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Should there be a tax on meat?

Taxing meat to tackle climate change and improve health would be far less unpopular than government’s think. Original article Guardian 24/11/15

If government subsidises green energy and taxes alcohol and tobacco meat could get the same intervention.

Meat production produces 15% of all greenhouse gases, more than all cars, trains, planes and ships combined.

New analysis says this could be reduced through taxes, increasing vegetarian food in schools, hospitals and the armed forces and cutting subsidies to livestock farmers, all supported by public information campaigns.

Free Range hens, photo Wikipedia

Free Range hens, photo Wikipedia

The research involved surveys and focus groups in 12 countries and found that even measures restricting peoples’ behaviour could be accepted if seen as in the public interest, like smoking bans.

Apparently governments are ignoring what should be a hugely appealing, win-win policy due to meat being too politically sensitive and too difficult to implement.

Just like our blog about taxing sugar, meat consumption is already well above healthy levels in developed nations and growing fast in other countries. To get to healthy levels, US citizens would need to cut the meat they eat by two-thirds, those in the UK by a half and those in China by a third.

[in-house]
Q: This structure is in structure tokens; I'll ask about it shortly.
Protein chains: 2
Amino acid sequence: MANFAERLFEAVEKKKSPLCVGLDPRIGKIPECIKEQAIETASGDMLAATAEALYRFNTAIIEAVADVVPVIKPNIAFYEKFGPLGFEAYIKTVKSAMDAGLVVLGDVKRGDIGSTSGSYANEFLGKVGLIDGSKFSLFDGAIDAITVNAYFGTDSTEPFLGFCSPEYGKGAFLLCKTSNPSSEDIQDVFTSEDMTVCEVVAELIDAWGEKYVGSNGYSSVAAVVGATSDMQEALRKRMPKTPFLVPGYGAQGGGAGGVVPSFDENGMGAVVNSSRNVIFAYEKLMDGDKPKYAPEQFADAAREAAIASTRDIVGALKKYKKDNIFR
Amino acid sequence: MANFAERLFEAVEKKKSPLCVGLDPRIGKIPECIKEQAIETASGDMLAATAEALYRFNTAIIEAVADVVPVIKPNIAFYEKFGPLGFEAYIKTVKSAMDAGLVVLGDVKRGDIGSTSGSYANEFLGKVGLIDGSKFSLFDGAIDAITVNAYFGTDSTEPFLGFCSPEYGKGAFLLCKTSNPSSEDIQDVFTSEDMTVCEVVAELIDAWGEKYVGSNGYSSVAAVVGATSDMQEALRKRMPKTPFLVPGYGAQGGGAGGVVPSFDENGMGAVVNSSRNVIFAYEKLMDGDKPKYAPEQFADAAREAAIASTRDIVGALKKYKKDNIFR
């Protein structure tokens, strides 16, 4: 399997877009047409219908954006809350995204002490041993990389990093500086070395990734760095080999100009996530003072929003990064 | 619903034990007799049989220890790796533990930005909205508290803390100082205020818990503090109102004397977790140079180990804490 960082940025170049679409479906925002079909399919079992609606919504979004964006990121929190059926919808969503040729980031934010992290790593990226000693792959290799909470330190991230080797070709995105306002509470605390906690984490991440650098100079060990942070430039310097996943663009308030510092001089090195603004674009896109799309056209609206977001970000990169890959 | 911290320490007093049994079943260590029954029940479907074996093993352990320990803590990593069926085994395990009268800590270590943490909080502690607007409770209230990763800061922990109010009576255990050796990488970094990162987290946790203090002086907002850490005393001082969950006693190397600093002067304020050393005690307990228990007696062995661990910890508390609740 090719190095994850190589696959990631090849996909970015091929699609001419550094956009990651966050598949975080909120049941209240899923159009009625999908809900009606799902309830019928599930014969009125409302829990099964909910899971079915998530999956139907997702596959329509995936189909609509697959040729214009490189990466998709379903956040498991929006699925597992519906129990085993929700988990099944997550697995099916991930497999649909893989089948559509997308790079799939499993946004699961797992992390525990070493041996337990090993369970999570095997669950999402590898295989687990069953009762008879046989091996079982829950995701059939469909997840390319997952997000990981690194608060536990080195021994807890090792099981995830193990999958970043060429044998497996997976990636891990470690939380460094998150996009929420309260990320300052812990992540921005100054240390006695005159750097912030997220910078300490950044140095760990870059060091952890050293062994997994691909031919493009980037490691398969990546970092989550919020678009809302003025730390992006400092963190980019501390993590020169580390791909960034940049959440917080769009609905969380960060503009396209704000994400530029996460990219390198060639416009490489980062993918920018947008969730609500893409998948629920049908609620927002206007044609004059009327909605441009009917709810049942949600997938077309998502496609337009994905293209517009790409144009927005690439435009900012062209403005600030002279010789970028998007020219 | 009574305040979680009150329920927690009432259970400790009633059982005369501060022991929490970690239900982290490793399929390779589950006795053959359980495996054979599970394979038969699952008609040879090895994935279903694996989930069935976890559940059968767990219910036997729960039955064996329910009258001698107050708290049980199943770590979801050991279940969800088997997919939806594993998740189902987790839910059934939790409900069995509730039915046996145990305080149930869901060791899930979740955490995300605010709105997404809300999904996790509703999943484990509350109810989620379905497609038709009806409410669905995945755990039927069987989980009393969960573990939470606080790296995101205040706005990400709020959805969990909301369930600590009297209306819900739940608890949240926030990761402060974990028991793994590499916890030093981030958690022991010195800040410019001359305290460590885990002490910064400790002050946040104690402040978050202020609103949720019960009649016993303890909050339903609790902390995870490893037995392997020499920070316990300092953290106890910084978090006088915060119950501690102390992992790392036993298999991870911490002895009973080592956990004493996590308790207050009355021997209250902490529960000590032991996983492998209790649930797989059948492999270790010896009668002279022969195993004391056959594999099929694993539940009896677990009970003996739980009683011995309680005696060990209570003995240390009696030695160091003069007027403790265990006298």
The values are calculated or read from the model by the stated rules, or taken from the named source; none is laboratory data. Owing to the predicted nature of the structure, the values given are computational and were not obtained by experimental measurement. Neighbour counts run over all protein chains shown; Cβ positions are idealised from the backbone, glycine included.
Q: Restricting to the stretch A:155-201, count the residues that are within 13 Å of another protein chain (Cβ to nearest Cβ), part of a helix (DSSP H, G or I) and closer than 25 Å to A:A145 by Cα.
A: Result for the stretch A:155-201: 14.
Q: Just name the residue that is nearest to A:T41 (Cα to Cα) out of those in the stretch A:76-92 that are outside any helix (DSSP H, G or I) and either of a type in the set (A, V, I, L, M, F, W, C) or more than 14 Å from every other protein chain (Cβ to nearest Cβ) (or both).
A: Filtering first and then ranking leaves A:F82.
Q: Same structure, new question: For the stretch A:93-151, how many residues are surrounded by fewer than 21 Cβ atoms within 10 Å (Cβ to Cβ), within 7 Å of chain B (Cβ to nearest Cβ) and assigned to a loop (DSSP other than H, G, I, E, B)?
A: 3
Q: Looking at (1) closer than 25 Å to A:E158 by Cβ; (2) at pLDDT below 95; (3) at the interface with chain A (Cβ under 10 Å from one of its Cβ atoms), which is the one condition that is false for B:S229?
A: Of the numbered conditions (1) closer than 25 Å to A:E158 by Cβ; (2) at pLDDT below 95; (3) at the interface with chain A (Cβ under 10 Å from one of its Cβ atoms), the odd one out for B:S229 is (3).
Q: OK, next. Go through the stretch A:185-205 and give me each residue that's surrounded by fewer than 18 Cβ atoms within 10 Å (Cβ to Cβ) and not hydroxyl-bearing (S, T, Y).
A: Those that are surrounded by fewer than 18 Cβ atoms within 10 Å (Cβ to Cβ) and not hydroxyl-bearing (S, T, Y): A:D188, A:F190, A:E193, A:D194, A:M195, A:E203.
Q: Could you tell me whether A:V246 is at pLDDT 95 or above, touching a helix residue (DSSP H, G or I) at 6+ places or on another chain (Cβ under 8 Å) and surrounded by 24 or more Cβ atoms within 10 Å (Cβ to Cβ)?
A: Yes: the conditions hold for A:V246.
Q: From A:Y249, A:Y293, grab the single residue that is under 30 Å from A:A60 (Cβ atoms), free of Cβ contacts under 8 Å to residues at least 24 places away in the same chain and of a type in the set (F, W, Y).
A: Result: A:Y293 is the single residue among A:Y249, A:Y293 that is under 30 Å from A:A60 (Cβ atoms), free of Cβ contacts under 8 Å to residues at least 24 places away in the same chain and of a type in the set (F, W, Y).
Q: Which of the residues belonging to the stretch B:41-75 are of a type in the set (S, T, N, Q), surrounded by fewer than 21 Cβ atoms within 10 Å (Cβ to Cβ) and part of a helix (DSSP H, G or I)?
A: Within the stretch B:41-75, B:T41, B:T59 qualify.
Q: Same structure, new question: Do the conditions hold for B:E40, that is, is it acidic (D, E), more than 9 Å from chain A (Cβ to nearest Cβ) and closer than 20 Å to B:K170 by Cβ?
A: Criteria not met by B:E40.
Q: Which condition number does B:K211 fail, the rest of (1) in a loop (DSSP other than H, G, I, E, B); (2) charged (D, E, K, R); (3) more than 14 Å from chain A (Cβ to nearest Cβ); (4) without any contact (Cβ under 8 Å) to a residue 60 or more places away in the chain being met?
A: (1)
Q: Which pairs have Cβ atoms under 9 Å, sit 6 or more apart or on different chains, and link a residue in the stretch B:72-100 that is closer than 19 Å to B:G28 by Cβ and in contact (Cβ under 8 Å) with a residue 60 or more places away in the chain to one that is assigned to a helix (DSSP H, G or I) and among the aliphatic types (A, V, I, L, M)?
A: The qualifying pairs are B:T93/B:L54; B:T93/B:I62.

If the world’s population cuts to healthy levels of meat consumption – about 70g per day – it would reduce carbon emissions by an amount equivalent to annual output of the US, the world’s second biggest polluter.

Big machinery to grow grain for animals

Big machinery to grow grain for animals

Clare Oxborrow, a campaigner at Friends of the Earth, said: “Meat consumption can no longer be ignored in the climate debate – shifting diets to less meat and more plant proteins will be crucial. The government must stop using consumer backlash as an excuse for inaction”.

Previous studies have calculated that, on current trends, agricultural emissions will take up the entire world’s carbon budget by 2050, meaning every other sector, including energy, industry and transport, would have to be zero carbon, a scenario described as “impossible”.

Meat production produces greenhouse gases via the methane emitted by livestock, the cutting down of forests for pasture, the production of fertiliser for feed crops and the energy and transport used by farmers. Beef is responsible for far higher emissions than chicken or pork.

Real free range food.  Too nice to eat?

Real free range food from sustainable mixed farm.

Like all the food industry demand for cheap food has meant that meat production has evolved from traditional mixed farming to monoculture and feedlots using vast amounts of grain to feed millions of animals.

In my opinion there should be a tax on intensive meat but not organic or naturally fed. Animals like cattle, sheep, pigs and goats are needed in mixed traditional, or organic, farming. We need any tax to make this kind of farming more viable.

To find your local mixed farm to buy real meat try our local food map. And for more on the healthy properties of grass fed beef click here.

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